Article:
My wars are laid away in books : the life of Emily Dickinson

by Alfred Habegger

Hardcover, 2001




New York : Random House, 2001.


"Alfred Habegger presents the first thorough account of Dickinson's growth - a story of genius in the process of formation and then in the act of overwhelming production." "Building on the work of former and contemporary scholars, My Wars Are Laid Away in Books brings to light a wide range of new material from legal archives, congregational records, contemporary women's writing, and previously unpublished fragments of Dickinson's own letters. Habegger discovers the best available answers to the pressing questions about the poet: Was she lesbian? Who was the person she evidently loved? Why did she refuse to publish, and why was this refusal so integral an aspect of her work? Habegger also illuminates many of the essential connections in Dickinson's story: between the decay of doctrinal Protestantism and the emergence of her riddling lyric vision; between her father's political isolation after the Whig Party's collapse and her private poetic vocation; between her frustrated quest for human intimacy and the tuning of her uniquely seductive voice."--Jacket.… (more)

User reviews

LibraryThing member acommonreader
Good overall. Some ambiguity in the writing gives it 4 stars instead of 5 - Hard to follow all the different "Emily", "Dickinson",... folks.
LibraryThing member piemouth
I am not a poetry person, though I like some of Dickenson's poems. Her self aggrandizing suffering fits with mental stance for most of my life of bearing a secret sorrow (usually because of some romantic disappointment.) Her secret sorrows seem to be about a minister with whom she had a spiritual
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relationship & meeting of minds that made her call herself his wife. But much is shrouded in mystery, which makes her story so interesting.

Although I'd read another biography of her 30 years ago, I'd missed that so much of her writing had to do with spiritual things, and that she held out from professing her faith despite pressure from her school and family. She believed but was not sure.
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LibraryThing member CasualFriday
Gee, what to say? I'm not qualified to assess this book in terms of its value to scholars, only in the pleasure it may afford to readers. It has been decades since I have read the Richard Sewall biography, but my memory of that work was that it was less dry and more fun to read than this one. It is
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a very careful book that seldom strays from verifable information and therefore does not present a grand thesis that might catch one's attention. That makes it more trustworthy but less readable than those biographies that essentially create their own Emily. I think it's well nigh impossible to write good biography of Dickinson - the information just isn't there. Habegger fills in the knowledge gaps with very detailed information about Dickinson's family members, but if you believe that geniuses are born, not made, information about family life, schooling and town politics are of limited value in getting to the heart of the subject.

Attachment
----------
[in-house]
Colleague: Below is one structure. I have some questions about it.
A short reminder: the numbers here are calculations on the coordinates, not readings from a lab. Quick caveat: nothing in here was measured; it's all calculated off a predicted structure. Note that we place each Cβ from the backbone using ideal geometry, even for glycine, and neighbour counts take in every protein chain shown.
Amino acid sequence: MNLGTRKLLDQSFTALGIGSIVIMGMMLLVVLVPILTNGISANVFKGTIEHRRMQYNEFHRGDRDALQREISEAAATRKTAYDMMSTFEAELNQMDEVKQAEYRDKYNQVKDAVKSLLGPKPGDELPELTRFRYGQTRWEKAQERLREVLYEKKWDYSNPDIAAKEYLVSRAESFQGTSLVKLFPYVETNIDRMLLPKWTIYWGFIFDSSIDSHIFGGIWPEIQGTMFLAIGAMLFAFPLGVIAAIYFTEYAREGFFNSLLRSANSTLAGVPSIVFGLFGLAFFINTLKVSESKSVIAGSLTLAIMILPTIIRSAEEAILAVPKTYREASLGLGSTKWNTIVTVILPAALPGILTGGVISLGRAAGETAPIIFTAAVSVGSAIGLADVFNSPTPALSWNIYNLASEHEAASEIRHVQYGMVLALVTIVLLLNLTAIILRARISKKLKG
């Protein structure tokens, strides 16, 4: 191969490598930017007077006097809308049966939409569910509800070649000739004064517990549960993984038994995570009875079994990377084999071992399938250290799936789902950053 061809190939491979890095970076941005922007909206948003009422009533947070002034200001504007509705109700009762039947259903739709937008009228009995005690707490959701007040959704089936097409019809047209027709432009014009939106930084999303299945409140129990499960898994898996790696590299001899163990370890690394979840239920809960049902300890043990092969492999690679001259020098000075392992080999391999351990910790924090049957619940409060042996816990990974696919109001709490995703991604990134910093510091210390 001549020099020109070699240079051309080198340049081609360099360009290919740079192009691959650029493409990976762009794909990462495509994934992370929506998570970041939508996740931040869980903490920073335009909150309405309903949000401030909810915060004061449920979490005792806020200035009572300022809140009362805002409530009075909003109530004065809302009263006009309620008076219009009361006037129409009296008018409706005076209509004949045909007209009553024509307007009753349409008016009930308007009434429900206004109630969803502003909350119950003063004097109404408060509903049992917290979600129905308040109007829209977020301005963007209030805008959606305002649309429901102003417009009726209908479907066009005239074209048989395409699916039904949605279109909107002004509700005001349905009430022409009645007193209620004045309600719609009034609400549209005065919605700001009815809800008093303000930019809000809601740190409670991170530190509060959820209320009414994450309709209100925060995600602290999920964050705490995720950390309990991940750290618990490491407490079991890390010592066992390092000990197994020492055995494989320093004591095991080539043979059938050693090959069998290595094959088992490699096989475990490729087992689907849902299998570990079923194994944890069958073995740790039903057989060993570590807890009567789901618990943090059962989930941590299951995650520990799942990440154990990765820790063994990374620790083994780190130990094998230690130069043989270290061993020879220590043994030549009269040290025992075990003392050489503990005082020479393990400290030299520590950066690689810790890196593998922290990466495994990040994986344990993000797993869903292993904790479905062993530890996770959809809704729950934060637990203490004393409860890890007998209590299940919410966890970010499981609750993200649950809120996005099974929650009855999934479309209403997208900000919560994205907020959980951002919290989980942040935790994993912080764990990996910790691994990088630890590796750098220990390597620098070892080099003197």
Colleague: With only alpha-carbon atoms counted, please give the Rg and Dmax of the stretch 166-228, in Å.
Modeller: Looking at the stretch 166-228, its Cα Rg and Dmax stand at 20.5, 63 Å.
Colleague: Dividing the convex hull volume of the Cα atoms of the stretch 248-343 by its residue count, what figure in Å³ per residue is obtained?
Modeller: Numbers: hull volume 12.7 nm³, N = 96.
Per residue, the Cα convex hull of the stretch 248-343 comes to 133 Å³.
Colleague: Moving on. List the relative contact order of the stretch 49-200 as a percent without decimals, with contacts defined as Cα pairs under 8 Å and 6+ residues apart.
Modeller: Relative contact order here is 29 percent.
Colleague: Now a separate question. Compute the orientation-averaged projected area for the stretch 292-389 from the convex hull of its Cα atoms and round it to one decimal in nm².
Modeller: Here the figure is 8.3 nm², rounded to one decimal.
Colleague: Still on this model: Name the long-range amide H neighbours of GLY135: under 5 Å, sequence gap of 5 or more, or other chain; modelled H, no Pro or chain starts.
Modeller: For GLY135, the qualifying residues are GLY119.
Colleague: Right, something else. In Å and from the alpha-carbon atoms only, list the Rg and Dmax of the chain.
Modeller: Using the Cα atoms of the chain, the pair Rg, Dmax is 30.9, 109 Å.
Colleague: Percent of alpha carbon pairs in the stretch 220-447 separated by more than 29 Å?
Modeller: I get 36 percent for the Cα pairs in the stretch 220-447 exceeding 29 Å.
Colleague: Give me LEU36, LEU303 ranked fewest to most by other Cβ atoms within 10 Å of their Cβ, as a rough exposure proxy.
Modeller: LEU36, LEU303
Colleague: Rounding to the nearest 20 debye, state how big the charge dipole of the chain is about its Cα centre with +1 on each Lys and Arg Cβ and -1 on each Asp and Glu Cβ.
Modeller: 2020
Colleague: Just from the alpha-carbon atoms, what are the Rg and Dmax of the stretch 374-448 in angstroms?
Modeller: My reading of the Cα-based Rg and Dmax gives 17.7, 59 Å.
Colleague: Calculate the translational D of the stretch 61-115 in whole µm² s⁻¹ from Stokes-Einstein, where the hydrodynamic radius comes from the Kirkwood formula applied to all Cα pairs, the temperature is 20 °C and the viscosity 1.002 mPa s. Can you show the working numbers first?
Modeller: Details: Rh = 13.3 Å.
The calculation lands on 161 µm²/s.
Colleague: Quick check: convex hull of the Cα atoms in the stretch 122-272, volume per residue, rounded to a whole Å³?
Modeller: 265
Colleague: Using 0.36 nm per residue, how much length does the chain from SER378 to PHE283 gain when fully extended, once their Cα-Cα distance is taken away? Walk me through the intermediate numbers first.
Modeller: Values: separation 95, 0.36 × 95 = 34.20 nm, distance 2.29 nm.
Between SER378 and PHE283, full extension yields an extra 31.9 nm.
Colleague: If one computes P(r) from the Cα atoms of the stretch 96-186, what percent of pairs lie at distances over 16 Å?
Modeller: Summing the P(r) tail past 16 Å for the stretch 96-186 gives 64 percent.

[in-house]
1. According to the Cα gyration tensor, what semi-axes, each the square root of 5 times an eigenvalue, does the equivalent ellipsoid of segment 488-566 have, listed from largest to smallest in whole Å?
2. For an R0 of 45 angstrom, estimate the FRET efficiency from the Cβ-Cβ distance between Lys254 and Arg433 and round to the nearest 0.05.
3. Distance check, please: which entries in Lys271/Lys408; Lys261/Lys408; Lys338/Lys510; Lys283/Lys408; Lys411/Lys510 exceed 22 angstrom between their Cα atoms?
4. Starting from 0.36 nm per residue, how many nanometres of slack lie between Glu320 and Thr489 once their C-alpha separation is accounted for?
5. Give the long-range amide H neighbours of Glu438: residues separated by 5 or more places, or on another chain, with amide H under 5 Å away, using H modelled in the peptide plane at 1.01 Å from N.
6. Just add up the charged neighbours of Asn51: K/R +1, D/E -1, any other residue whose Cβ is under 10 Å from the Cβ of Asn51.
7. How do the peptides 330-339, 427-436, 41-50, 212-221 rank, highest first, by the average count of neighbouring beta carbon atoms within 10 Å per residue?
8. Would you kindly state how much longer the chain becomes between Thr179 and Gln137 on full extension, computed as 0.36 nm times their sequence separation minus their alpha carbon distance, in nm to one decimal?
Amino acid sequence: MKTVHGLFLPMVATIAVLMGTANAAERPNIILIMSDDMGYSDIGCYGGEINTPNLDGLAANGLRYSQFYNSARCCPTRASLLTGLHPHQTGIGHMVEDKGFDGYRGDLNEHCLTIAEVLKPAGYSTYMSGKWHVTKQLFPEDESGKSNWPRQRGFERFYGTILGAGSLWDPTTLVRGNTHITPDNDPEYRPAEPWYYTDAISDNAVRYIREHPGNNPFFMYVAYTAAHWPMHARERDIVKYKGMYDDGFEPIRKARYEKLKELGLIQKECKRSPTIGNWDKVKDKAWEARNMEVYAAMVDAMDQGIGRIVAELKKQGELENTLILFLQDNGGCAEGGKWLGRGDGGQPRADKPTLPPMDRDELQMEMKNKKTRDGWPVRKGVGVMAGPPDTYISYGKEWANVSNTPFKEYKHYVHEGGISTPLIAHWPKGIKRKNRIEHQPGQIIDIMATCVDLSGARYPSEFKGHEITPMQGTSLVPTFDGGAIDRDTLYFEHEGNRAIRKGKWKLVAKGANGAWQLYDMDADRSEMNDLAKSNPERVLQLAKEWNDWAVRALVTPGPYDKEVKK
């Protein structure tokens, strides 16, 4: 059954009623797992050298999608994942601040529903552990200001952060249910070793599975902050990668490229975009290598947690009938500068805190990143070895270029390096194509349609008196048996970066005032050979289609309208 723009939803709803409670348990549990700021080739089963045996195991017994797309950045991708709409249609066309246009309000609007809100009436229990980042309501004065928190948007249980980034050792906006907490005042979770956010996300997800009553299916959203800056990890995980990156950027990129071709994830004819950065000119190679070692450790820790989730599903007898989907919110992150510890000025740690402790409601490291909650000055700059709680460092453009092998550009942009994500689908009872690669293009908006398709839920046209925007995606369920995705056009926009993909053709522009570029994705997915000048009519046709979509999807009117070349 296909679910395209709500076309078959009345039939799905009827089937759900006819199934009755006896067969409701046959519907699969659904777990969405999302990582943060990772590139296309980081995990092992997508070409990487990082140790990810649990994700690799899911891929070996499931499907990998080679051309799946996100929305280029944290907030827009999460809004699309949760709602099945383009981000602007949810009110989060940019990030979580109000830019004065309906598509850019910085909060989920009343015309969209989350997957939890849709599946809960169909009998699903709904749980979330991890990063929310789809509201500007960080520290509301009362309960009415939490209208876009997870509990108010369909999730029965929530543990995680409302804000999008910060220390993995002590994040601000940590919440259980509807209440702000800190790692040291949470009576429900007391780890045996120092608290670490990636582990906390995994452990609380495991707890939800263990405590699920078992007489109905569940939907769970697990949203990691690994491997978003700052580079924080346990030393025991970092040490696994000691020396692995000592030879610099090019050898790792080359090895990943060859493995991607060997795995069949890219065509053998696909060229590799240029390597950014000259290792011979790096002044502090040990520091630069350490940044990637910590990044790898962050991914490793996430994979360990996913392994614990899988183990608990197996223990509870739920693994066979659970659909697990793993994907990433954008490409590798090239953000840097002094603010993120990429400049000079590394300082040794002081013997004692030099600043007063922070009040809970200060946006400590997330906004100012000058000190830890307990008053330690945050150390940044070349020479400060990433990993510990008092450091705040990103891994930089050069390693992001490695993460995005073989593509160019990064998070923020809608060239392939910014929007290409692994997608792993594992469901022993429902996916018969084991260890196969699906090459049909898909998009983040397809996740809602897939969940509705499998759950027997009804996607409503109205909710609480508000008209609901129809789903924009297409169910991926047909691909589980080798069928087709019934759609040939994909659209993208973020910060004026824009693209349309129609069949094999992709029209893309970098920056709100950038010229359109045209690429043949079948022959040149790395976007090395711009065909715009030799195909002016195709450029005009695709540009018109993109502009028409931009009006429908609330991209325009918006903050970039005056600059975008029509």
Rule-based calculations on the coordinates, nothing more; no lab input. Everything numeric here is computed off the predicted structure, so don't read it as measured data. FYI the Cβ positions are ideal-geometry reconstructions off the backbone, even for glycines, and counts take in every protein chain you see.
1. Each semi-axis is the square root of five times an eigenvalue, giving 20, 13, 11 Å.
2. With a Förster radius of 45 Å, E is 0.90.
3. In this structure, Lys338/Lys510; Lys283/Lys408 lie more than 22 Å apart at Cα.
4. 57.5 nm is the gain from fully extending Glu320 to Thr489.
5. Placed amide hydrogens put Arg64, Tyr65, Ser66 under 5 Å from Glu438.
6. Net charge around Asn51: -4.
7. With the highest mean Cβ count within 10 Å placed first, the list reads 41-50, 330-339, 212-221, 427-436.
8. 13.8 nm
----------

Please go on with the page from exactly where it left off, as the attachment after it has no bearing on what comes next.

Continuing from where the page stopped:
For those who keep score, Habegger is a proponent of the Wadsworth-as-Master theory.
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LibraryThing member AlanWPowers
This is the best Dickinson biography I've read, though Sewall's is very thorough, and the best from 1974-2001 or so. Habegger includes the newly discovered daguerreotype acquired by Gura, of Dickinson not age 16 (the universally familiar portrait, in Amherst College collection).
Besides the photos,
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his narrative is fine, even moving: Habegger's account of Dickinson's response to being chided by Helen Hunt Jackson for not publishing, and his account of Dickinson's funeral in the house. "Tell all the truth but tell it slant," like many of ED's later poems, was written on found paper--as was the Gettysburg address--; for instance, a graduation program from Massachusetts College of Agriculture, which her father also helped found.
The brilliant, courageous Col. Higginson, who led the first federally organized black regiment in the Civil War, perhaps found his courage failing in his famous encounter with the poet in 1870, "I never was with any one who drained my nerve power so much...I am glad not to live near her"(524).
He may have felt in almost a medieval joust, which despite his military training and bravery, he had not won. Perhaps gendre dynamics have always suffered from brilliant women--like Jane Austen, whose wit is ignored by her pious brothers' epitaph in Winchester Cathedral--though it is only fair to add, powerful women, as with men, need not be brilliant.
The poet confessed to her supporter and reviser, "I never knew how to tell time by the clock till I was 15. My father thought he had taught me but I did not understand & I was afraid to say I did not & afraid to ask anyone else lest he should know." Patriarchal power explain ED's, "I do not cross my Father's land to any House or town"(521) when inviting Higginson from Newport where he lived to Amherst. The Col sized up the men well, "Her father was not severe I should think but remote." (One might perhaps say the same of Austen's brothers.)
Father's investments fostered both Amherst colleges: one was the private, toll-charging Sunderland Bridge. (I think of a one-lane toll bridge I crossed in England, to an historic house and golf course; it was perhaps 30 mi from Wethersfield Air Base, as I recall, but my photos are on a decommissioned computer.)
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